Real ale to the rescue

BRITAIN'S national drink is coming to the rescue of the British pub, with a new cross-industry report showing cask ale holding its own as sales of lager, stout and other draught beers decline.

BRITAIN'S national drink is coming to the rescue of the British pub, with a new cross-industry report showing cask ale holding its own as sales of lager, stout and other draught beers decline.

The Intelligent Choice Report reveals that, with public houses currently closing at the rate of 36 a month, the resilient performance of cask-conditioned, or “real”, ale is helping some pubs to weather the storm of rising costs, high alcohol taxes, the poor summer, weakening consumer spending and cut-price competition from supermarkets.

While general beer sales have declined by 8% over the last year, says the report, real ale sales are way ahead of the overall market with a dip in volume of just 0.3%. Regional and local brews are performing even better with a growth in value in the year to May 2008 of 1.8%.

And pubs serving good cask ale have seen year-on-year trade growth of 14%, compared with a fall of 2.5% for similar pubs without cask ale, it adds - a trend which is promoting more landlords to improve their cask beer offer.


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“Cask ale is to Britain what wine is to France and there is a new sense of celebrating our national drink,” said report author Pete Brown. “The report shows how Britain's national drink is really helping landlords and landladies keep business - and even grow it - in challenging times.

“It gives a real point of difference for pubs over supermarkets. You can't buy pub atmosphere in a shop and neither can you buy cask beer. Great quality cask ale is one of the key elements to keep attracting people into their locals. It's a massive reason to visit.”

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The report was backed by a range of bodies representing the cask ale industry and consumers, including the Why Handpull Group of major cask beer brewers which includes Adnams, Caledonian, Fuller's, Greene King, Marston's and Wells and Young's.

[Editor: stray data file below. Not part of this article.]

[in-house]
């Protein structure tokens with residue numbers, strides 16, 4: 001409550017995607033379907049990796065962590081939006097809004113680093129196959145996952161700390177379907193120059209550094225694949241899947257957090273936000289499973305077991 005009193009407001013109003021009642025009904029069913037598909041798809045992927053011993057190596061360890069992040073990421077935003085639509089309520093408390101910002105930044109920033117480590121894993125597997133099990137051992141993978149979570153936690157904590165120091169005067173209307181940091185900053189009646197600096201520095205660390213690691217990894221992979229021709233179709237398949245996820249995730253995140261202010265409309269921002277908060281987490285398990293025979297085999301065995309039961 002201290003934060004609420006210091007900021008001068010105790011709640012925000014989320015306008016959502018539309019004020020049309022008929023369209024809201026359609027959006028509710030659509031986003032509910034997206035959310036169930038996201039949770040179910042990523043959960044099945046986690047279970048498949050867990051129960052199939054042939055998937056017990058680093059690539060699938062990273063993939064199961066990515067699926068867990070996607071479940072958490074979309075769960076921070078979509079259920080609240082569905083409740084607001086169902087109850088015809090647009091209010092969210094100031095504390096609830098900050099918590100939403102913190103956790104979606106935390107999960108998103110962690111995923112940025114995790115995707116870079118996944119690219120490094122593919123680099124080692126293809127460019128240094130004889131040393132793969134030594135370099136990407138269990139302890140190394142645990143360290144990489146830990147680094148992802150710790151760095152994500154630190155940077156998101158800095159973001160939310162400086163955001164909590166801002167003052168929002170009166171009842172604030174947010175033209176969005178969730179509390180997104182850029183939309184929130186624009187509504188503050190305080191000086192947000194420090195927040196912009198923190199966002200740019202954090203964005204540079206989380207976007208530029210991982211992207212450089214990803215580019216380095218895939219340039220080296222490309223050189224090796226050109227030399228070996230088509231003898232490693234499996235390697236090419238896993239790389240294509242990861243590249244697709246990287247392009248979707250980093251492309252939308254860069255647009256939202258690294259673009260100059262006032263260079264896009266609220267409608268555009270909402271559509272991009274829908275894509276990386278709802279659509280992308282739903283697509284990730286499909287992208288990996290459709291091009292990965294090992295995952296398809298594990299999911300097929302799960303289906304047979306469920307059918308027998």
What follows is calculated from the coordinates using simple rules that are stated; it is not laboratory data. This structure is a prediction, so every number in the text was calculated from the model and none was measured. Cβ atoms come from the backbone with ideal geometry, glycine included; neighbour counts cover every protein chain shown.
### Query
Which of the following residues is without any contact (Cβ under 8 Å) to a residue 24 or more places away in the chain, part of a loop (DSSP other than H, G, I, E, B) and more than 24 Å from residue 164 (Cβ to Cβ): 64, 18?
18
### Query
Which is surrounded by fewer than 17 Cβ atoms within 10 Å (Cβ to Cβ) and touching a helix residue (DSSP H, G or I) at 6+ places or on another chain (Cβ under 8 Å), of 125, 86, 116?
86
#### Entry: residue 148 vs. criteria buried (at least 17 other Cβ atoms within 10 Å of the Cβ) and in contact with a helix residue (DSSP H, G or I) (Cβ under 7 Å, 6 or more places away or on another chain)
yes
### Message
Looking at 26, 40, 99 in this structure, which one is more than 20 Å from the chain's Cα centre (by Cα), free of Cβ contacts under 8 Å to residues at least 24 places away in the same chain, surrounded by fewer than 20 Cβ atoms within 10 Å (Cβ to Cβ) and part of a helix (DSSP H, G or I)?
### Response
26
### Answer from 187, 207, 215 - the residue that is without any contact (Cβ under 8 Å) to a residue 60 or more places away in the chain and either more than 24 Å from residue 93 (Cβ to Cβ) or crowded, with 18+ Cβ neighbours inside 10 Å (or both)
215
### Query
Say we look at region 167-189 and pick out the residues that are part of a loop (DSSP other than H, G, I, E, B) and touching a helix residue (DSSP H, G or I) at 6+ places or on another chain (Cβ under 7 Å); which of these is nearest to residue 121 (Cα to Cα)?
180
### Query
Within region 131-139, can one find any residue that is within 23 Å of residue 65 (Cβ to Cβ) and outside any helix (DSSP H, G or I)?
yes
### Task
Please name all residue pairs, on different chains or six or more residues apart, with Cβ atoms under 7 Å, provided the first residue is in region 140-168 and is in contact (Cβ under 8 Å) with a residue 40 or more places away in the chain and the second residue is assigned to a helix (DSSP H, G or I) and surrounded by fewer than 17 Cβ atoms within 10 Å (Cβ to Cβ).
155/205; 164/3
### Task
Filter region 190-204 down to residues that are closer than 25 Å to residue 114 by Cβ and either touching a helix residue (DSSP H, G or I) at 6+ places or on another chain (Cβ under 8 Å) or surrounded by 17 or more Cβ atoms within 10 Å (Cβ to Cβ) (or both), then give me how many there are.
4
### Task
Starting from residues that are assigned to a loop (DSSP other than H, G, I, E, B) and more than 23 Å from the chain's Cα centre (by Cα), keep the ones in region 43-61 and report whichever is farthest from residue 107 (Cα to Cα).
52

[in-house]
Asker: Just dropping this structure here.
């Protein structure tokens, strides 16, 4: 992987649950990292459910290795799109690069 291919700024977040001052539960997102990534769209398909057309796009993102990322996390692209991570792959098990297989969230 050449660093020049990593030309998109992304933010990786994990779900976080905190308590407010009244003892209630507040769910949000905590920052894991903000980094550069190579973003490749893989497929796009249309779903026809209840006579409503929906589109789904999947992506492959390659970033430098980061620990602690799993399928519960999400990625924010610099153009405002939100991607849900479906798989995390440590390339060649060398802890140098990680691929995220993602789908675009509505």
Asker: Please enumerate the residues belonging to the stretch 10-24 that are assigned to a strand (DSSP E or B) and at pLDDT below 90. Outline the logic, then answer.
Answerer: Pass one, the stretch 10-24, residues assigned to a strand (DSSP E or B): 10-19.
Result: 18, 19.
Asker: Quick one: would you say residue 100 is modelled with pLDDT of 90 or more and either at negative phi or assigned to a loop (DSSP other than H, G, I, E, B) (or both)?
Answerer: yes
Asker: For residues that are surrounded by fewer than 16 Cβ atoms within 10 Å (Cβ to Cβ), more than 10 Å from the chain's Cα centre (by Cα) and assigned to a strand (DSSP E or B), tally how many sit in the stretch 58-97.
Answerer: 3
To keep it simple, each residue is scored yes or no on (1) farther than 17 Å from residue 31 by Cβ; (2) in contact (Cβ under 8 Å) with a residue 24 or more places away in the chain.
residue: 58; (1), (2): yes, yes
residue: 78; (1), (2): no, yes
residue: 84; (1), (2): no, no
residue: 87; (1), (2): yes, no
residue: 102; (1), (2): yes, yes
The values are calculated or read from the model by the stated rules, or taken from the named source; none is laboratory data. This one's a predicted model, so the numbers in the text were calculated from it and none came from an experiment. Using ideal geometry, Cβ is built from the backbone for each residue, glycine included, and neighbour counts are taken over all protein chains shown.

Andy Wood, managing director at Adnams, said yesterday: “This is a welcome bit of good cheer for the British brewing industry, and one to celebrate.

“People are turning away from homogenous big brands and are seeking out different and distinctive beers. Britain has some fantastic brewing traditions and flavours, and people are rediscovering that.”

However, he said: “Let's not kid ourselves; the market is not yet in growth but it seems that the rate of decline is slowing and cask ale is certainly performing better than some other sectors of the beer market. Long may it continue.”

Fiona Hope, marketing director at the Greene King Brewing Company, added: “As the country's biggest supporter of cask beer, or real ale, we welcome this positive report about Britain's national drink. It highlights what we've known for a long time: that cask beer is a fantastic, fresh product which you can't get at home and which it's worth leaving the house for.”

Other supporters of the report include the Independent Family Brewers of Britain group, the Society of Independent Brewers, the Cask Marque Trust (the watchdog which accredits pubs keeping cask ale in perfect condition) and the Campaign for Real Ale which represents cask ale drinkers.

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